Confession: I am a pitiful documentarian. When I began to compose today’s post, I realized that while I was able to take any number of “after” shots of this remodeling project, I did not remember to take “before” pictures.
Fortunately I have another confession: I am extremely poor at deleting – much less organizing – computer files, so I was able to peruse a plethora of old digital photos for your viewing pleasure.
Phil, Hanna and I moved into this house (from across the street) in April 1995. The front room was freshly painted in a restful shade of seafoam green. The color went fine with our furniture so we opted to leave it.
Over the next 18 years we stenciled a border around the fireplace mirror, designed a stained glass window to fit the picture window, acquired various antique pieces and repaired some moisture damage in the southwest corner. With two additional children the walls took a normal share of abuse, but it was always far easier to touch up the existing color than to make a change.
Early this year we updated the drafty steel windows with energy-efficient vinyl replacements. This was a very good decision, although the old steel frames could not be completely removed and every one of the 18 windows would need touch-up paint.
I had never cared much for the floral valances and decided not to rehang them. I also did not like the shelves that had been built in on either side of the fireplace and asked Phil what he thought about removing them. He had no objection, so I got out a hammer and a crowbar and went to work. Before long, I realized this was turning into a Big Job.
Since the window treatments weren’t being rehung, I removed the curtain hardware and some wooden laths that had been cobbled into faux frames around the west windows. It was more than obvious that the room would require a major repaint. Phil gave me complete control over color, just as long as it wasn’t green.
Once the dust had settled from deconstruction, however, momentum came to a standstill as other circumstances demanded our attention. Hanna left for graduate school. Phil was unexpectedly laid off from his job. Laura and Joseph had busy summer schedules. Phil and I both applied for jobs. School started again for the kids and Phil went back to work for an IT consulting group. Both of the grandmas had eye surgery. By fall we had finally settled back into a semblance of normal routine and it was time to get back on the painting project. We wanted to finish by the time we hosted Thanksgiving dinner.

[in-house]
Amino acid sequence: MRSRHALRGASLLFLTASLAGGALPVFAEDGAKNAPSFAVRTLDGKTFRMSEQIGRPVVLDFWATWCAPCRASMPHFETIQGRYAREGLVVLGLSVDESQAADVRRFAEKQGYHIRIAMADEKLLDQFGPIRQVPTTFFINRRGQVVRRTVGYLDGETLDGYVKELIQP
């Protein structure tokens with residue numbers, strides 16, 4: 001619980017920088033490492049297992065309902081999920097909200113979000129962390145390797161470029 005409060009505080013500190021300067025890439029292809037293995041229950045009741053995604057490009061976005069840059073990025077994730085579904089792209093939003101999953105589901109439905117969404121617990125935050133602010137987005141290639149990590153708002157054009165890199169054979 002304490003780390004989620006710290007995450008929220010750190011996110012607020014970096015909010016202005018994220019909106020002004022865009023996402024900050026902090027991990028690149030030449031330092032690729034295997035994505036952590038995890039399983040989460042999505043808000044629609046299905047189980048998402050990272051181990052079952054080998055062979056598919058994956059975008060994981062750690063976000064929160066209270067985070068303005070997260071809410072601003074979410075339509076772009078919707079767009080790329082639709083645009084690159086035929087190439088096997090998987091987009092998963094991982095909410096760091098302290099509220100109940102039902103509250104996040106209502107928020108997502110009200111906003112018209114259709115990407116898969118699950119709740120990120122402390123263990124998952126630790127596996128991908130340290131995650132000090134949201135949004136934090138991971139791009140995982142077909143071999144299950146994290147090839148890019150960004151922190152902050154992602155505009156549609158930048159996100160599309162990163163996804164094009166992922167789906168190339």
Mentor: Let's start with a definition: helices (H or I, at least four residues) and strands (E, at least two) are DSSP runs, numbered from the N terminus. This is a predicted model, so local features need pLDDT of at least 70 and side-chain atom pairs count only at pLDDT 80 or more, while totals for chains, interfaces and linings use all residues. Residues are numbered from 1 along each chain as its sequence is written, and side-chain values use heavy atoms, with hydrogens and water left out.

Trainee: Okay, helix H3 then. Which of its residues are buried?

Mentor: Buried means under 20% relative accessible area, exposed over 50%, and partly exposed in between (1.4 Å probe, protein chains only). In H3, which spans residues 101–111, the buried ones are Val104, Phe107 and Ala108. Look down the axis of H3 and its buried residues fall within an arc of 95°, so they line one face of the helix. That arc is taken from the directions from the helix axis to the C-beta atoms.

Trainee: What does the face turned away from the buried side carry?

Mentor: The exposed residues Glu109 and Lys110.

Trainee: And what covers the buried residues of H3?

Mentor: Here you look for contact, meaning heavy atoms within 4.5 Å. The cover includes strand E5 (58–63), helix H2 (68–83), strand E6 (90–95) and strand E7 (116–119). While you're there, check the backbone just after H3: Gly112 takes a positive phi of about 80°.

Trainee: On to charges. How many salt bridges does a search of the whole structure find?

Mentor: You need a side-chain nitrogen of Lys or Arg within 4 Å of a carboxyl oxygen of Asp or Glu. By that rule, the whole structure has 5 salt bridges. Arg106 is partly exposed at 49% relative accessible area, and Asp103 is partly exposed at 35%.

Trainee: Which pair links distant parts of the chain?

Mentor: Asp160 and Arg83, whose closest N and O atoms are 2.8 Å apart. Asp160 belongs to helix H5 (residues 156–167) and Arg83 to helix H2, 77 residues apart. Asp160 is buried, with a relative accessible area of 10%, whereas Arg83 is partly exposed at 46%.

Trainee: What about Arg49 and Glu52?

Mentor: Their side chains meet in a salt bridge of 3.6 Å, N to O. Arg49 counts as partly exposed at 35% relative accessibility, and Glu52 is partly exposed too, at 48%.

The project involved the front room, foyer and a hallway. The original color scheme was SW0103 – Bayberry in the front room and hall with a darker shade, SW1181 – Scrubbed Pine, in the foyer and inside the archways. All paint colors are from Sherwin Williams.
I put together a palette of three new colors, but first I had to patch the plaster and paint the ceiling. I used Valspar Color Changing Ceiling Paint from Lowe’s. It goes on purple and dries white so it is much easier to see what has already been painted. Then, because we were covering fairly dark colors, I prepped the walls with a primer tinted SW6035 – Gauzy White. Next I painted the hall and foyer in SW6270 – Soulmate, followed by SW6037 – Temperate Taupe on three walls of the front room and finished with SW6272 – Plum Brown for an accent wall and inside the archways (satin finish for all wall colors). Finally, I spray-painted all of the electrical outlet covers and switchplates and freshened up the mantel with the same color I had used on the window frames, SW7006 – Extra White in a semi-gloss finish. Cleanup included polishing the hardwood floor. I finished just in time for regular Thanksgiving preparations.
We are quite pleased with the final outcome. At first I was disappointed because I had envisioned the taupe walls as more brownish than mauve, but the color varies depending on lighting and coordinates well with the plum shades as well as the furniture. Bonus: the accent wall really pops the color of the flowers in the stained glass.
The remodel job is not quite finished. We still need to patch the baseboard where the bookshelves used to be – probably by harvesting baseboard from inside a closet – and all of the trim needs to be repainted. We plan to have the floors refinished and the hardwood guy instructed us not to paint the baseboards until after that has been completed. I can live with that!
In the interest of self-improvement, I would like to document a couple of things that were invaluable during this project. The first is the PaintStick, an ultra-cheap impulse buy from the clearance section at WalMart. It is a paint roller that draws paint directly from the paint can into a hollow handle. It saved both time and wear and tear on my back. The second is a series of instructional videos at the How to Paint a House Right! website that taught me proper painting techniques. I can now cut in a mean ceiling line without taping.
Next week: stories behind some of the antique pieces we have in the front room.